We are unveiling the first draft of our new project this weekend at the Getty Villa. This new music and performance piece is adapted from the Homeric Hymns. Read on for a primer on the source material, and a discussion of why the hymns matter to us in the 21st century from creator/composer Mat Sweeney:
The ancient Homeric Hymns are a collection of poems, among the oldest surviving greek literature. They are a transitive testament of the leap from an oral to a written storytelling tradition. Each hymn is addressed to a specific deity- some chronicle an important narrative episode in the life of that god/dess while others simply extol their defining virtues. The hymns are ‘Homer-ic’ in form and style though not necessarily authored by a single ‘Homer’ (if such a person ever existed). More likely they were composed across disparate generations and later compiled by archivists. They were primarily used as anthemic preludes to public events (religious or civic festivities, competitions, performances, etc). Hymn composition and recitation helped define one’s civic and collective identity. The hymns were traded and transformed by travellers, becoming cultural tumbleweeds offered as gifts or blessings to weary guests or foreign hosts. They delineated geography and blurred the timeline between a mythic past and a remembered history. These beautiful poems offer a dreamlike trail of clues to the ancient Greek’s relationship to time, space, and one another. The hymns have been passed down in fragments, in an infinite web of translations, offering a time bending telescope to a world where poetry, belief, and daily practice are impossibly intertwined.
These ancient hymns were malleable and meant to be useful. Whether used to appeal, rally, seduce or indoctrinate, the hymns were evolving documents, tailored to meet a specific function for their audience. To that end we have translated and sequenced a collage of necessary hymns for Los Angeles in the 2020’s. This new hymnal borrows from the surviving fragments and the corresponding pantheon of Greek deities to address our most urgent concerns. Specifically these new hymns celebrate collective action and the power of group resistance, they call for the protection of mother earth and the powerful female deities who govern her cycles, they praise curiosity and scientific inquiry, they ward against tribalism and isolationism, and they exalt diversity and hospitality.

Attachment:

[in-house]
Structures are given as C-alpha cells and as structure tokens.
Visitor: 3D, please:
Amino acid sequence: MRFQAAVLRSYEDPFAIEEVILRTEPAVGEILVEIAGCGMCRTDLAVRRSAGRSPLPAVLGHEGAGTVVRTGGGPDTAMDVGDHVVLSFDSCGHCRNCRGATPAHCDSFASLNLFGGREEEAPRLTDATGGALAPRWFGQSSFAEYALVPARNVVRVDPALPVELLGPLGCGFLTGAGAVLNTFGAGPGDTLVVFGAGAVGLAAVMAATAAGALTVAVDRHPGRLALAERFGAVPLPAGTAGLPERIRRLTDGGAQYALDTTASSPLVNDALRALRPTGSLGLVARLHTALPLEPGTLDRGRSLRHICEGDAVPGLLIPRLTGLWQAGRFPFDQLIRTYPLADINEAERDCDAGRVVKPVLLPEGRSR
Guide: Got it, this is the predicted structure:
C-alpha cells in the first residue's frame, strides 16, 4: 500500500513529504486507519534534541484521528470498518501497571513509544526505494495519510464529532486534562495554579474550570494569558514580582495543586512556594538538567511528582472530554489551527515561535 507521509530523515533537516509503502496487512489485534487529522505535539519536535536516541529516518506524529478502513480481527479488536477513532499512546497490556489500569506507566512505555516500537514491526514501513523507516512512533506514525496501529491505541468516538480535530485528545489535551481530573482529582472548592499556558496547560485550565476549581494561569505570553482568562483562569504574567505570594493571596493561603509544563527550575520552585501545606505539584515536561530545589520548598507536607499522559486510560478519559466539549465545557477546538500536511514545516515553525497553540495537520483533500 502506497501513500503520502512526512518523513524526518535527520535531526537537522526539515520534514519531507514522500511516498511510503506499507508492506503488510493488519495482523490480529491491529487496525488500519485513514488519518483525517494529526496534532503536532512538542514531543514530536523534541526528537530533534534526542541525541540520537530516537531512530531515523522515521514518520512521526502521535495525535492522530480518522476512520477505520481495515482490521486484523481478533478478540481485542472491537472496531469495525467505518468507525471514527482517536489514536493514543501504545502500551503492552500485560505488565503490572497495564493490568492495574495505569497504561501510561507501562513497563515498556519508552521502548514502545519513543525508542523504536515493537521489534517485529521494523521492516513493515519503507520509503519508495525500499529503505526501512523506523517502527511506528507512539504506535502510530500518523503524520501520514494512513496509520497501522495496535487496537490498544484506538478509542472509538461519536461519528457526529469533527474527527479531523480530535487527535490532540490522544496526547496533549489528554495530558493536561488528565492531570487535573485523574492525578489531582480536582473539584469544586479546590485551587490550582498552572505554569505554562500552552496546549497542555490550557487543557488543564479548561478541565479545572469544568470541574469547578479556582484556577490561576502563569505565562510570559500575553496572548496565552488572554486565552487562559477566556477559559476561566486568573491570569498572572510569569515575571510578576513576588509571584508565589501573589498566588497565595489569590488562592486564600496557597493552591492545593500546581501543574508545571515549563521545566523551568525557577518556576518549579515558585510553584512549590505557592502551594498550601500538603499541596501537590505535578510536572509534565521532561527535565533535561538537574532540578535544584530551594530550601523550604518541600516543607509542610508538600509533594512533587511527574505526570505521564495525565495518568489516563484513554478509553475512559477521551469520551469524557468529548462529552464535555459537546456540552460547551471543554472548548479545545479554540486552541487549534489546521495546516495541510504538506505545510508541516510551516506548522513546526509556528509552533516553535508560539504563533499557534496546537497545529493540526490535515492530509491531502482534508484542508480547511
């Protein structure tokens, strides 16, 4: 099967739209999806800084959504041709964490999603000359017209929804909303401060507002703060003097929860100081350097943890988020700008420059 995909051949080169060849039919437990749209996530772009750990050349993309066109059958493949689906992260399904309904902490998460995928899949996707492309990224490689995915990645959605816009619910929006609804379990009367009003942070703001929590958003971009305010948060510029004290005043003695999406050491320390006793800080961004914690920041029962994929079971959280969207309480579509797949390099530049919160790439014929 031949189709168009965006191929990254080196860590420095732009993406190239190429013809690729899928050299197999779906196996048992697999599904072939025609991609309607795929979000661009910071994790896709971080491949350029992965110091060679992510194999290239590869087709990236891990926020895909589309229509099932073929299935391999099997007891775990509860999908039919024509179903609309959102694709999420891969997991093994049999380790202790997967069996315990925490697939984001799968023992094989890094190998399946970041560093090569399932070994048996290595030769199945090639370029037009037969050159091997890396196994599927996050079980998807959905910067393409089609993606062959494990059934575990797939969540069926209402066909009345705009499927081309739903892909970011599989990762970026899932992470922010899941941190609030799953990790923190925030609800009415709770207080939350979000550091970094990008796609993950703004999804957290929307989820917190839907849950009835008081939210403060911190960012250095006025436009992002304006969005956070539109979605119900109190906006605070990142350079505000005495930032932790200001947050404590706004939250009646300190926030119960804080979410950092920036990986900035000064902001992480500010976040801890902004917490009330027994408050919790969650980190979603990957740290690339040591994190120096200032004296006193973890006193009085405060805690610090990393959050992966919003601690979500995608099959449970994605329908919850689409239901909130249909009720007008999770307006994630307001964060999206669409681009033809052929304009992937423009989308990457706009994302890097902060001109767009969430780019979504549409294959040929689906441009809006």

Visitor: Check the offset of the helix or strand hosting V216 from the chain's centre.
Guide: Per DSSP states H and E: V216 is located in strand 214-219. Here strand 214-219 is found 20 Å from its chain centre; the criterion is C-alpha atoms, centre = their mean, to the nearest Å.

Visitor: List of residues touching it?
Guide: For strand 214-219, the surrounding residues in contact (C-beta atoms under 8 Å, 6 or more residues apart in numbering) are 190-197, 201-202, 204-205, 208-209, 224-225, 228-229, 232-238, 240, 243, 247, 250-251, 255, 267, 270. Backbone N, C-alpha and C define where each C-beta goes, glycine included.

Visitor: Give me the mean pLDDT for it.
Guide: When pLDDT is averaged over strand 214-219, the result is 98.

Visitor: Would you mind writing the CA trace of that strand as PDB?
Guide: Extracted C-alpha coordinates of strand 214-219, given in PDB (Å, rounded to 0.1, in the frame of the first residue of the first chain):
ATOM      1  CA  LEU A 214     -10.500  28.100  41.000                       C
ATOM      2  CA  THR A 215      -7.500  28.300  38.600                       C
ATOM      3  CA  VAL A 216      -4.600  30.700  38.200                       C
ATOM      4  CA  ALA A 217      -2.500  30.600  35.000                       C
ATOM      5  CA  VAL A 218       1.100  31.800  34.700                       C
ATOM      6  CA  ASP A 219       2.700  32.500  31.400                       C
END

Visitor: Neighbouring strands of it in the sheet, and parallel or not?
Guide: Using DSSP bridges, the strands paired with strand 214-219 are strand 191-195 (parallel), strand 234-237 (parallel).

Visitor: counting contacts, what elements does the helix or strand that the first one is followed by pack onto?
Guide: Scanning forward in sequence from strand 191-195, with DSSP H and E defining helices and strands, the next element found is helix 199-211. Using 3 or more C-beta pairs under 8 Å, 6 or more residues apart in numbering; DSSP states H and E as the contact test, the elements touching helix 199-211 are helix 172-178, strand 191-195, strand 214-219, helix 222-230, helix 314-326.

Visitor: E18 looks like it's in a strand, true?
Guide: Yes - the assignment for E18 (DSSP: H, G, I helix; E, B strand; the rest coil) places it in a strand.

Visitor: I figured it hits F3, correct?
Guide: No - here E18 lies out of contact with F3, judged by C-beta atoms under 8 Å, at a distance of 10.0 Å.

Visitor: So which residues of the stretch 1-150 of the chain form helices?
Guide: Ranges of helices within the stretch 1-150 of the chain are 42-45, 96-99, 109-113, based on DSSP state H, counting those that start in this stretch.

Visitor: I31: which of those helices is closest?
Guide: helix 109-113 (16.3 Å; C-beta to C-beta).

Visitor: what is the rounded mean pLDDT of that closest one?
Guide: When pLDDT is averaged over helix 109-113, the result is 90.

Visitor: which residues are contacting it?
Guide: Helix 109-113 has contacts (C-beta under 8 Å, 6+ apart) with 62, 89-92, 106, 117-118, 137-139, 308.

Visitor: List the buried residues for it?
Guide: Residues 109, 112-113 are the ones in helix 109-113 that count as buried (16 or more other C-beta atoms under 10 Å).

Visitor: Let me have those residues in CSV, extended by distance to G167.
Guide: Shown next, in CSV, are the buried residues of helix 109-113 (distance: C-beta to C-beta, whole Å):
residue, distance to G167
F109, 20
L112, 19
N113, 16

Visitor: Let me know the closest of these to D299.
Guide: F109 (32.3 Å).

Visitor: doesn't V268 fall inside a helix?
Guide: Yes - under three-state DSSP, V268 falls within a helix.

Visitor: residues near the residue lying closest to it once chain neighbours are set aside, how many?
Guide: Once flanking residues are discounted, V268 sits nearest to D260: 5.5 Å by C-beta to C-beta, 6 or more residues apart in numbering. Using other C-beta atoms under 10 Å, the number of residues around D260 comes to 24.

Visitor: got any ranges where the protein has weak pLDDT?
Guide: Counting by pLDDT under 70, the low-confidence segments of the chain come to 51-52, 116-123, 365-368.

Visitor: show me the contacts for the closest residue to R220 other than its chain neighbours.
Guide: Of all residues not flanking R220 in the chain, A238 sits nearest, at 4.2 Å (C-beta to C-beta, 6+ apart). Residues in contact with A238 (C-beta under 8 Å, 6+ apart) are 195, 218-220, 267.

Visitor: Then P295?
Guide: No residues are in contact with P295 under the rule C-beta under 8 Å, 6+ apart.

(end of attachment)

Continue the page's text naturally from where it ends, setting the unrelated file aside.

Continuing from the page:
In the ancient Homeric Hymns we find a root of narrative folk singing that has transformed and evolved across many cultures. Rather than guess at a recreation of the timbre of the hymns in their original form, our modern hymnal seeks to contextualize them within a broader web of musical and narrative traditions. In this moment where certain historiographical terrorists seek to impose a straight and exclusive hereditary line from the ancient Greeks to an imagined ‘white’ cultural identity, we seek to emphasize the inherent cultural exchange embedded in these texts. Concepts, characters, and wording in the original hymns can be traced to narrative poetry across earlier civilizations in Africa and Asia, and they continued to evolve in later adaptations across farther seas in subsequent centuries. In this way the hymns remind us of the impossibility of isolated authorship or cultural superiority. These songs are meant for singing and for perpetual renewal by whatever ears they fall upon. May these ancient seeds continue to blossom.